Before the long sixteenth century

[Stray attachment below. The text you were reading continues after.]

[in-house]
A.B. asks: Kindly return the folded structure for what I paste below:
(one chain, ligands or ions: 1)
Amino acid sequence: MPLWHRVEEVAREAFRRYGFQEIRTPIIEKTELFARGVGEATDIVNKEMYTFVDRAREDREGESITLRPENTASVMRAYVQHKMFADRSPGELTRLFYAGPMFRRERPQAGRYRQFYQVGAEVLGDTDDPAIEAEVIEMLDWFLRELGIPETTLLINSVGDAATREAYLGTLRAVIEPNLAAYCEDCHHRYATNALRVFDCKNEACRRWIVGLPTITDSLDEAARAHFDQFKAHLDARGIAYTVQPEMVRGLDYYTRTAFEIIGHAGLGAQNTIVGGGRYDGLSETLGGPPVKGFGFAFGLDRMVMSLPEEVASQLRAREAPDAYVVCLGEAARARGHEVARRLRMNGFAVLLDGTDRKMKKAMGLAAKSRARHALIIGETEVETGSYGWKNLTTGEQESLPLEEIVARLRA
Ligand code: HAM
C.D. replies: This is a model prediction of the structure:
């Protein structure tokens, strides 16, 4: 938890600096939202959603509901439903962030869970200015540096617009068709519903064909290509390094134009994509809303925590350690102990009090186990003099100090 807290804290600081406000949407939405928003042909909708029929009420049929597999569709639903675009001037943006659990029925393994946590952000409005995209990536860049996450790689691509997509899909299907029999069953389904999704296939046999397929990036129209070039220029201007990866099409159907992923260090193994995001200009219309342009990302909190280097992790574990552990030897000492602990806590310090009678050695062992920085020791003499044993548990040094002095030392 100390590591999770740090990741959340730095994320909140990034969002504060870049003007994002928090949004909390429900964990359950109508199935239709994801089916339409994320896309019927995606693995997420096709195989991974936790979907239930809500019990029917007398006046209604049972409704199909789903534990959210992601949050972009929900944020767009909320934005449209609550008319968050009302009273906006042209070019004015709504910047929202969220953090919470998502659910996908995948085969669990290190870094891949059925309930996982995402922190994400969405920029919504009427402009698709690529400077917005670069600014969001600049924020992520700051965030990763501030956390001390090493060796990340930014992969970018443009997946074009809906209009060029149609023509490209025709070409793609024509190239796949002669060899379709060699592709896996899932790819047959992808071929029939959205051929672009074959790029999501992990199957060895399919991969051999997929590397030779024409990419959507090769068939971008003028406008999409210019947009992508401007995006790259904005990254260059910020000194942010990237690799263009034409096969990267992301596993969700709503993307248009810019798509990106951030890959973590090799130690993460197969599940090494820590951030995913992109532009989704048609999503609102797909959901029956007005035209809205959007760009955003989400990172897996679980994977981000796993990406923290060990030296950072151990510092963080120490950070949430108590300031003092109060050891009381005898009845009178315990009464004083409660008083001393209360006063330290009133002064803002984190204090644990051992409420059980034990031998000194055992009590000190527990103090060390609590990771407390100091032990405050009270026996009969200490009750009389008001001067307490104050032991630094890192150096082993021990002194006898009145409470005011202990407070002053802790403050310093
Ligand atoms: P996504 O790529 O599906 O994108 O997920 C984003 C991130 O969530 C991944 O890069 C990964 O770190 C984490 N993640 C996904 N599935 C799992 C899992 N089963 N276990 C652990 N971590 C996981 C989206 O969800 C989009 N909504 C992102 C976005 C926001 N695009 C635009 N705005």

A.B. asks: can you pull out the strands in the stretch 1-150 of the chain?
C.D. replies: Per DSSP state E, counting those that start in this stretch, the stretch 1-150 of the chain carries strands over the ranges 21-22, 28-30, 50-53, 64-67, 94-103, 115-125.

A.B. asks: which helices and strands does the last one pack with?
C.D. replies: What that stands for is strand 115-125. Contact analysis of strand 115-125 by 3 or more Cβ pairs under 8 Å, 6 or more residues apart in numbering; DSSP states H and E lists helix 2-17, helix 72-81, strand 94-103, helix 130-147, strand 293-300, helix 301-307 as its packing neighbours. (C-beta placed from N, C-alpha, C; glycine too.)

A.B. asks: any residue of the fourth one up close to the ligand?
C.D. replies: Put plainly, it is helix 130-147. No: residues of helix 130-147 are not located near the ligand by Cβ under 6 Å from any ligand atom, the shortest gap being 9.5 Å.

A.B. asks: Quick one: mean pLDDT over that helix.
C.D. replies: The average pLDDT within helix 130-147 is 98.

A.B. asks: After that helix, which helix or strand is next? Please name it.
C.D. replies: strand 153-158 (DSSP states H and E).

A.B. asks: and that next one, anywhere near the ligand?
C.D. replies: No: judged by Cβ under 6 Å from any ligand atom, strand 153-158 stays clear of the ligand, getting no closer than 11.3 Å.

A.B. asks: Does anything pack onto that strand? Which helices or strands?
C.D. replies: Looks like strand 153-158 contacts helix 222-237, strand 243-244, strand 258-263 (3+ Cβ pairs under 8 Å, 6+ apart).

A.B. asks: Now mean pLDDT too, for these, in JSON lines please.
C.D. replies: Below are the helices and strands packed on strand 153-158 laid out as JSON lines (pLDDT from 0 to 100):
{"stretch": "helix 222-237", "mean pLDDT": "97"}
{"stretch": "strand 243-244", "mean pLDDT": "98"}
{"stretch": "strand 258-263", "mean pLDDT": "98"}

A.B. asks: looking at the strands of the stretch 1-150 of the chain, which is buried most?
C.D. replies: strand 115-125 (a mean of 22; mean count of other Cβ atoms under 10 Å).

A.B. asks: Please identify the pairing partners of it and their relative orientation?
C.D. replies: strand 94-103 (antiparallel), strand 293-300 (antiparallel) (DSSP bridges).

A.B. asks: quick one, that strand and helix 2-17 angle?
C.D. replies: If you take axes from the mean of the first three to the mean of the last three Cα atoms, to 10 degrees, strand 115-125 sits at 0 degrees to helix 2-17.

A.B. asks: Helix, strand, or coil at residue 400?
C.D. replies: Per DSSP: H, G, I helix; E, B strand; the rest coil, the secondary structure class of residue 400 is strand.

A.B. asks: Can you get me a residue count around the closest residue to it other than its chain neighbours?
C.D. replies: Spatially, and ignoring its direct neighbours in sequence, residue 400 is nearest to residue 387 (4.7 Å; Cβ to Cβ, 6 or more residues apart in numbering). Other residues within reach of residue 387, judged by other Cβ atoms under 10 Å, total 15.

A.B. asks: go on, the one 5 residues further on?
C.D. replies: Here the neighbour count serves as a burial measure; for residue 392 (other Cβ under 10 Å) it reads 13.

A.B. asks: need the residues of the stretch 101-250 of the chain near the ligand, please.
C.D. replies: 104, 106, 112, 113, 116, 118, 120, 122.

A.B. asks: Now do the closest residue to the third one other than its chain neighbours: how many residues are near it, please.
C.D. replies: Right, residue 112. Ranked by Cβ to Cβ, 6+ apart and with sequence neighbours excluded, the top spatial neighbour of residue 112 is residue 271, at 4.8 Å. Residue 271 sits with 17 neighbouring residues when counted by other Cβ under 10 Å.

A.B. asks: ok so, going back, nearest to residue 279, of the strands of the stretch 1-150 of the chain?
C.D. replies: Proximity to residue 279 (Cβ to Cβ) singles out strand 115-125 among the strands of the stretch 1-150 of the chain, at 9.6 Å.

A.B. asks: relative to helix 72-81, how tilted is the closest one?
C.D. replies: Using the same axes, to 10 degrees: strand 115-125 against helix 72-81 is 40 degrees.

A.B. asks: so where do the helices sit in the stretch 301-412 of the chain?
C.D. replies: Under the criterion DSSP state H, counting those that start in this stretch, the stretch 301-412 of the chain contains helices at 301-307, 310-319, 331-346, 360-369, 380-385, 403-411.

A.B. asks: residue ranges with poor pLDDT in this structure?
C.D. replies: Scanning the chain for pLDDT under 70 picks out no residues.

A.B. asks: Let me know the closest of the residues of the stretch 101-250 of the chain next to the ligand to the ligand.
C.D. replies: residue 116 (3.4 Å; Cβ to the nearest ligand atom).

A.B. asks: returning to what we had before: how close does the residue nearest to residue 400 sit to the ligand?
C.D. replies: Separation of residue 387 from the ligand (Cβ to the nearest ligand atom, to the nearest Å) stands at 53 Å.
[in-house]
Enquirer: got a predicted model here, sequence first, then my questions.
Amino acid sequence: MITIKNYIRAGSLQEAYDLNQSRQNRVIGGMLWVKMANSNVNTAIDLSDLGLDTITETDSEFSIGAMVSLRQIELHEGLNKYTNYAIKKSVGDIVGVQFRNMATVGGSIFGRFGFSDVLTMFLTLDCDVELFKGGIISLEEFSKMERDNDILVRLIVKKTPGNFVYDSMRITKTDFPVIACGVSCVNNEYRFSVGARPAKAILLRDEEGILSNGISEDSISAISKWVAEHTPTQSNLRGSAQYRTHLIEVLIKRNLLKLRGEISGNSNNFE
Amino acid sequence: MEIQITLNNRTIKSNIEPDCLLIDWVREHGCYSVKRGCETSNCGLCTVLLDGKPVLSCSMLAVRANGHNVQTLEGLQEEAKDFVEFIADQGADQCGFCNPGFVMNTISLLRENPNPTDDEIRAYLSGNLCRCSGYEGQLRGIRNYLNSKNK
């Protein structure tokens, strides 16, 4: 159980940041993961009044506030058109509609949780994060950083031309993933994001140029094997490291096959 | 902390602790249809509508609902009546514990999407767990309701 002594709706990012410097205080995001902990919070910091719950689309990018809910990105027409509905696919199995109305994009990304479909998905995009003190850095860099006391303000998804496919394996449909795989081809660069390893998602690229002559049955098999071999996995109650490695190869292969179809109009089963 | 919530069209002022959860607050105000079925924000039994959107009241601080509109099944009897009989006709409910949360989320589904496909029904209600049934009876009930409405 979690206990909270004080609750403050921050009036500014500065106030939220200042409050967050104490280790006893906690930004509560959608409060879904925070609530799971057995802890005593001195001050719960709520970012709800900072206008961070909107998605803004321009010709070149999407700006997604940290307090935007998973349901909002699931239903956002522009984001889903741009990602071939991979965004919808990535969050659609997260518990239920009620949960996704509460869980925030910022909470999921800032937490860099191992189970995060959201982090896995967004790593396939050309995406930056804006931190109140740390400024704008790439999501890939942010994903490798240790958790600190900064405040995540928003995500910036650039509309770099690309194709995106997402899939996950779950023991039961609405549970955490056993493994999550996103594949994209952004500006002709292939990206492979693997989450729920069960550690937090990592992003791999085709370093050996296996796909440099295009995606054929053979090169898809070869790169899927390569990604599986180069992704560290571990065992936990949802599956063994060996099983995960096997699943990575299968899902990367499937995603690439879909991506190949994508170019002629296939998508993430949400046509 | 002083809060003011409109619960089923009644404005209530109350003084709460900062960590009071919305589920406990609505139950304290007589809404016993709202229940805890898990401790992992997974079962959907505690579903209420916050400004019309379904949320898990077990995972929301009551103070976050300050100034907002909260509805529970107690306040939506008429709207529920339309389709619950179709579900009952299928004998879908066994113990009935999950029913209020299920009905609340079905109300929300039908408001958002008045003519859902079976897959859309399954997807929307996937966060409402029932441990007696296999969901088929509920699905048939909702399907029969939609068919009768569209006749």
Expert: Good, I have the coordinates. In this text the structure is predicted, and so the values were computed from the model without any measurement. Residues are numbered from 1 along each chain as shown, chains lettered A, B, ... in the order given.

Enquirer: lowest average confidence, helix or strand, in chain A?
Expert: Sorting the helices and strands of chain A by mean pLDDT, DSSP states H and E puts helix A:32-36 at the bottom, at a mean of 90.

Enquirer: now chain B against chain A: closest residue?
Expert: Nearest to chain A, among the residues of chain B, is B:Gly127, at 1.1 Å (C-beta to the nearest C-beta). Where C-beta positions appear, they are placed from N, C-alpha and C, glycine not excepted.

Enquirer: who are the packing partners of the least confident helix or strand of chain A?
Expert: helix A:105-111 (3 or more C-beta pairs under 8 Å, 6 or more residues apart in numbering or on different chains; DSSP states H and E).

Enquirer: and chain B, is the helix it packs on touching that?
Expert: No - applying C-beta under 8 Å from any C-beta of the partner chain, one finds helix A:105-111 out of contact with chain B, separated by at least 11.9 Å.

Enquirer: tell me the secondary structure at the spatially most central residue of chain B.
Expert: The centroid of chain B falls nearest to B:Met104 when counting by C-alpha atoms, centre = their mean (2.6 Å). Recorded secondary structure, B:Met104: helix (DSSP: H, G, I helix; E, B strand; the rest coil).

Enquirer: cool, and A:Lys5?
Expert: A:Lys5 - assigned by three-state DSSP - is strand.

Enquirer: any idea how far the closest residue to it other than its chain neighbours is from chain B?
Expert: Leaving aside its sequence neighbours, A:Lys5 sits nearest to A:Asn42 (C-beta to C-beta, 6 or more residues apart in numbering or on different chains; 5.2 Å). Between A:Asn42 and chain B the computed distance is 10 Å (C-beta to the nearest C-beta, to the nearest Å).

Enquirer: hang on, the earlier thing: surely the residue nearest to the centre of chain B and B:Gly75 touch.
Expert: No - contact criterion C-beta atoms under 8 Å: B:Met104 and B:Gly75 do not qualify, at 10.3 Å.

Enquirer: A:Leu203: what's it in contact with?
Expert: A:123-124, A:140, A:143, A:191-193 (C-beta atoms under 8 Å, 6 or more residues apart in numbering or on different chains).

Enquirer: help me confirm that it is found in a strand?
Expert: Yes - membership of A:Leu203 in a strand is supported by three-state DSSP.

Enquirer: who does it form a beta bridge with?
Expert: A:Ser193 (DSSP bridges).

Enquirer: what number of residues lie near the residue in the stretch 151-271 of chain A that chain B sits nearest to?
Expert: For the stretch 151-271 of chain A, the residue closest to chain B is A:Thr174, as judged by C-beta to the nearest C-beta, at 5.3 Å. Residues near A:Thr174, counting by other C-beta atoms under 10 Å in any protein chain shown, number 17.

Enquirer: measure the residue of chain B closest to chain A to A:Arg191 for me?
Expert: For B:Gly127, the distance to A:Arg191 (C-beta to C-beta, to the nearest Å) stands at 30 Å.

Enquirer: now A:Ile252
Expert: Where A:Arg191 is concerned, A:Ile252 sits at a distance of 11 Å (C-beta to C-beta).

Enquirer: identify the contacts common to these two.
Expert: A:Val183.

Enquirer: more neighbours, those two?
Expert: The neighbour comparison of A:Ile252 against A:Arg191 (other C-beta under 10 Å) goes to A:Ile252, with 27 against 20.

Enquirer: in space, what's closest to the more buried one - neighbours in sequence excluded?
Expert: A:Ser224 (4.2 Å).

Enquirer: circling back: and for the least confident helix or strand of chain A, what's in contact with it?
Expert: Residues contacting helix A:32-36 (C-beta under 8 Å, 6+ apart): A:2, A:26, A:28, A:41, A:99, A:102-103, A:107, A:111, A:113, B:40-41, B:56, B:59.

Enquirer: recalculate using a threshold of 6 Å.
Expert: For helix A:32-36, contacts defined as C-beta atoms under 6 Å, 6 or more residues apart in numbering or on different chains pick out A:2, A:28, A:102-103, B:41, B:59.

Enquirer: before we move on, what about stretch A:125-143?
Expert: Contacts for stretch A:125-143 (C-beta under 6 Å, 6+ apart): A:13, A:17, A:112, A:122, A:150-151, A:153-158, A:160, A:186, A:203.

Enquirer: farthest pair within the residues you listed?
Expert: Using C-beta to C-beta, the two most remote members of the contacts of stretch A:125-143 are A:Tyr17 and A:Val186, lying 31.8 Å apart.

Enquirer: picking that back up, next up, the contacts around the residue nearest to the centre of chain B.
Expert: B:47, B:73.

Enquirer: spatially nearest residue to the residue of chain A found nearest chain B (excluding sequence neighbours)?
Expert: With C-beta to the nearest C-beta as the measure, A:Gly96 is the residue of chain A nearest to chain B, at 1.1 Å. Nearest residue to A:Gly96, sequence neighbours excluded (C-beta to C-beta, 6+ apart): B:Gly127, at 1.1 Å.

The emergence of the early modern European world-system, according to Wallerstein (1974), represented a sea change in human socioeconomic organization inasmuch as there was a vast increase in the interregional exchange of staple goods, unlike world-empires and mini-systems that principally featured the long-distance exchange of preciosities. The latter, Wallerstein argued, were only elite symbols of conspicuous consumption and hence lacked the system-shaping potential of staple goods that account “more of men’s economic thrusts than luxuries” (ibid.: 42). This argument has been criticized (e.g., in Abu Lughod 1989; Blanton and Feinman 1984; Schneider 1977), and here we elaborate these critiques by developing a goods-centered approach to expand on Wallerstein’s structural opposition of preciosities and staples, before showing how the approach can be applied in the case of pre-Hispanic Mesoamerica. We trace the long-term history of Mesoamerican goods systems, then identify what we consider to be the central driving force in the emergence of the Mesoamerican world-system, namely, a changing consumer propensity to consume exotic and costly goods that we identify as bulk luxury goods. Lastly, we contextualize bulk luxury consumption in relation to a growing core-zone market economy.